Mr. Madison’s Room

Research & Collections
 

A Refuge for an Aging Founder

Called Mr. Madison’s Room by visitors during Madison’s retirement, evidence indicates that he spent his final years in the small chamber adjoining the dining room. As his health failed, Madison’s activities were centered in this singular, multipurpose space where he could still visit with guests, participate in dining room conversations, and have easy access to his library nearby. While partially public, the room was more private than the Drawing Room and South Passage, and provided opportunity for intimate conversation and quiet contemplation. Visitor John Latrobe noted that “dinner was served in a room adjoining Mr. Madison’s.” The room’s older French furnishings reflect the couple’s European taste and early acquisitions, as well as retirement-era repurposing of furnishings originally procured for their sophisticated Philadelphia townhouse in the 1790s.  Paul Jennings, Madison’s enslaved manservant, poignantly described Madison’s death in the room in 1836.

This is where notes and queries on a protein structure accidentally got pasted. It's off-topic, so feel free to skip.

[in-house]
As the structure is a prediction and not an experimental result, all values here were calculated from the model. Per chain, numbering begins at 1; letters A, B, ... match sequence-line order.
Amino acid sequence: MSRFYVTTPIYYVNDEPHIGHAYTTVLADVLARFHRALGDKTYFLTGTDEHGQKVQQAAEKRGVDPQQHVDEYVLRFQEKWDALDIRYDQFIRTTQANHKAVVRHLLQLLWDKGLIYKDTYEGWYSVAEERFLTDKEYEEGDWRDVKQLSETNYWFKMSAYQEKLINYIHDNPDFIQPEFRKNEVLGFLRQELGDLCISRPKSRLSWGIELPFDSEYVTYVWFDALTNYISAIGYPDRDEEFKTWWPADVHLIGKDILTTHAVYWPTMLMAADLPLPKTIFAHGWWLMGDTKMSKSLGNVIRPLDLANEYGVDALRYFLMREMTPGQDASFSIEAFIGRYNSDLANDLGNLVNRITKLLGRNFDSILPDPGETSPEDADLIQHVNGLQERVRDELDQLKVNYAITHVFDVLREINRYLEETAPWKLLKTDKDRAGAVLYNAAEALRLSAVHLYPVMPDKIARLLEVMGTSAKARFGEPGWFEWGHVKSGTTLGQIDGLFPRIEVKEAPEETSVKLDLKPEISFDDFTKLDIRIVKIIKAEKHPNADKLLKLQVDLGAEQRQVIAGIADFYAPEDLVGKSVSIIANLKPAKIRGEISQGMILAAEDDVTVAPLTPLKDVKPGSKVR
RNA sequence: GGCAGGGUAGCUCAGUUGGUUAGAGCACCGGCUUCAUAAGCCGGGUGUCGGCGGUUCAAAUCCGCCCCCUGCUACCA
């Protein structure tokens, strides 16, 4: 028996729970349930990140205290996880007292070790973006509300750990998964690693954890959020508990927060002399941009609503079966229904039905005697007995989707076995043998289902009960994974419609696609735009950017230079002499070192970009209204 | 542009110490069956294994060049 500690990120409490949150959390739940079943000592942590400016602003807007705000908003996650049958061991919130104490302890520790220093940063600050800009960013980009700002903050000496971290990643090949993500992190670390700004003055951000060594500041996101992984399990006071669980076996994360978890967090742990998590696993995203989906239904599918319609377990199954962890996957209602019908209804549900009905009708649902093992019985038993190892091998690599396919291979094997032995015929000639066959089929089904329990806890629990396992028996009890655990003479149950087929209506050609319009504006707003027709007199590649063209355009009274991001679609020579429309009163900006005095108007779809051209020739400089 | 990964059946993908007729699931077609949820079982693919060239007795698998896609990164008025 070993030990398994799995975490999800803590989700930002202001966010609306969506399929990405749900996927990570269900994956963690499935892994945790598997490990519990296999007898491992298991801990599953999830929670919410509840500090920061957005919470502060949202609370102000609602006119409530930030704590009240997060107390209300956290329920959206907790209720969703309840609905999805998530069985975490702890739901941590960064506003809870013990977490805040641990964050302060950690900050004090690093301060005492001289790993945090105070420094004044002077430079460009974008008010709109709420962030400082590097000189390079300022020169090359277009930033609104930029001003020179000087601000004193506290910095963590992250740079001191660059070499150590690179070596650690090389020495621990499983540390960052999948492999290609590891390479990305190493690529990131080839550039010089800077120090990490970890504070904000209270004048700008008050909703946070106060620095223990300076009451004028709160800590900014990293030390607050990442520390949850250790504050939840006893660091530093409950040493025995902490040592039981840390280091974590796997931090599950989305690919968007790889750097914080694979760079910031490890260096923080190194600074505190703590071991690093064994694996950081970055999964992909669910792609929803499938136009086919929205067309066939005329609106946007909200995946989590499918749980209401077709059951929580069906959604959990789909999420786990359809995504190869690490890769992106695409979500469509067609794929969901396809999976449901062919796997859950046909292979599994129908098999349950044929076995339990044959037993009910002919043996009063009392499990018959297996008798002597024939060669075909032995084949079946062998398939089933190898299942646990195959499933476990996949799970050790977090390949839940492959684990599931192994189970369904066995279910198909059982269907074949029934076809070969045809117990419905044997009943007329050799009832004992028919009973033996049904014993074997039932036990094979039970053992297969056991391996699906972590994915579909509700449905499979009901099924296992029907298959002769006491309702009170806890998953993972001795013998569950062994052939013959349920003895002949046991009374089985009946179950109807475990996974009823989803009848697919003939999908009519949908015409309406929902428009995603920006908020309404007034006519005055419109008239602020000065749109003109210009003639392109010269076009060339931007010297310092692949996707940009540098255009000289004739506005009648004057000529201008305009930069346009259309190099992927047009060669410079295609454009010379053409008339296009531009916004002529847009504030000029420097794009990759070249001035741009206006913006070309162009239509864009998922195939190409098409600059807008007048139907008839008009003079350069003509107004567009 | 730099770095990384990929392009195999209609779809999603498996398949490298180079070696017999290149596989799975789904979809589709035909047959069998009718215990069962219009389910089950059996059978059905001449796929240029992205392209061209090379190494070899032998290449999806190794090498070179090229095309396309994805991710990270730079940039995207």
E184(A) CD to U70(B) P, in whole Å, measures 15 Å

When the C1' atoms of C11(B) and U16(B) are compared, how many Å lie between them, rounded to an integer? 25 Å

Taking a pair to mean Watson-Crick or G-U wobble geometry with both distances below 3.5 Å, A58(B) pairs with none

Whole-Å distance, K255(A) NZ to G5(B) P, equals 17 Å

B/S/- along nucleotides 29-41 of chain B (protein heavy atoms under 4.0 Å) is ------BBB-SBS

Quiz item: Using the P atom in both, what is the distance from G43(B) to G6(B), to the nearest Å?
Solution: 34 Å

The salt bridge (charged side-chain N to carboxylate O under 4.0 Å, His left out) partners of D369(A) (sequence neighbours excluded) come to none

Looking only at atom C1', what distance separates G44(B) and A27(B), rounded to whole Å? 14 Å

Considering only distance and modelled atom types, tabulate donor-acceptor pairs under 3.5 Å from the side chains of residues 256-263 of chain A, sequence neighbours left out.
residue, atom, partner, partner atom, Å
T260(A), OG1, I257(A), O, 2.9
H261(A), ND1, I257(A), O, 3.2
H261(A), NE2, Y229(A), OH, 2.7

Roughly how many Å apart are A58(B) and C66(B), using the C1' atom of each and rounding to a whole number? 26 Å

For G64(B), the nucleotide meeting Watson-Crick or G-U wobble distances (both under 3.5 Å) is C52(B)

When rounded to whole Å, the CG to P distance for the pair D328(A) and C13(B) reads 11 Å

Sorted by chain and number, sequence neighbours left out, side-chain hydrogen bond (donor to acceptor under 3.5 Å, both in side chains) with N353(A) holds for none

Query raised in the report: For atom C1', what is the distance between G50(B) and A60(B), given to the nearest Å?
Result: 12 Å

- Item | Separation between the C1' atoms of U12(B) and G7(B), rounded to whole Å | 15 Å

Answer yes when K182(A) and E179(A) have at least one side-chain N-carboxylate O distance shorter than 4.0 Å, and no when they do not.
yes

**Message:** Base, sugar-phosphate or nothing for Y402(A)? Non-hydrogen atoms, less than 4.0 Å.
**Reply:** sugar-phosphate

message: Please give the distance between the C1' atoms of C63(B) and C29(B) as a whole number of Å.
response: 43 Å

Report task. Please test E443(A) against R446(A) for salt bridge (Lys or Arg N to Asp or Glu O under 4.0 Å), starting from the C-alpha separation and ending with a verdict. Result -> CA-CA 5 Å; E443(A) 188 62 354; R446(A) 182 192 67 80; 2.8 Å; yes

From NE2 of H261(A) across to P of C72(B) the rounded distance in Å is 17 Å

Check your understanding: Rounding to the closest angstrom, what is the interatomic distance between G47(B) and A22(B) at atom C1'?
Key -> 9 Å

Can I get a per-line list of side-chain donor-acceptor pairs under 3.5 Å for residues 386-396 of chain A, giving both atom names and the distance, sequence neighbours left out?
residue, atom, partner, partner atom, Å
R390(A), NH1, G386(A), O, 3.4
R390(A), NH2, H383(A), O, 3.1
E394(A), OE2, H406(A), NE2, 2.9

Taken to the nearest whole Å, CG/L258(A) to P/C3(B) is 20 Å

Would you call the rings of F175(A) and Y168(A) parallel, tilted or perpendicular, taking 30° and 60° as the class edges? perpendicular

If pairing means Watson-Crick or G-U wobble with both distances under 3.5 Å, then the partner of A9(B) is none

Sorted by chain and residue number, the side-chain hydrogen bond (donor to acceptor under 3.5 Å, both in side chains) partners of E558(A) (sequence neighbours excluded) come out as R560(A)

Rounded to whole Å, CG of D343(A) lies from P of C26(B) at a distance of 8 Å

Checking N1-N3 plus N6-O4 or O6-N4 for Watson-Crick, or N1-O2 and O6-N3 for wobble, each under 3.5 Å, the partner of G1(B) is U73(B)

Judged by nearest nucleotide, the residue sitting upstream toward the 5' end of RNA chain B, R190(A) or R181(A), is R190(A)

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"Mr. Madison was lying on a French bed, supported  by pillows; a white cap drawn down to his eyebrows, and a white flannel dressing gown wrapped around his attenuated form."

John H. B. Latrobe to Charles Carroll Harper, August 3, 1832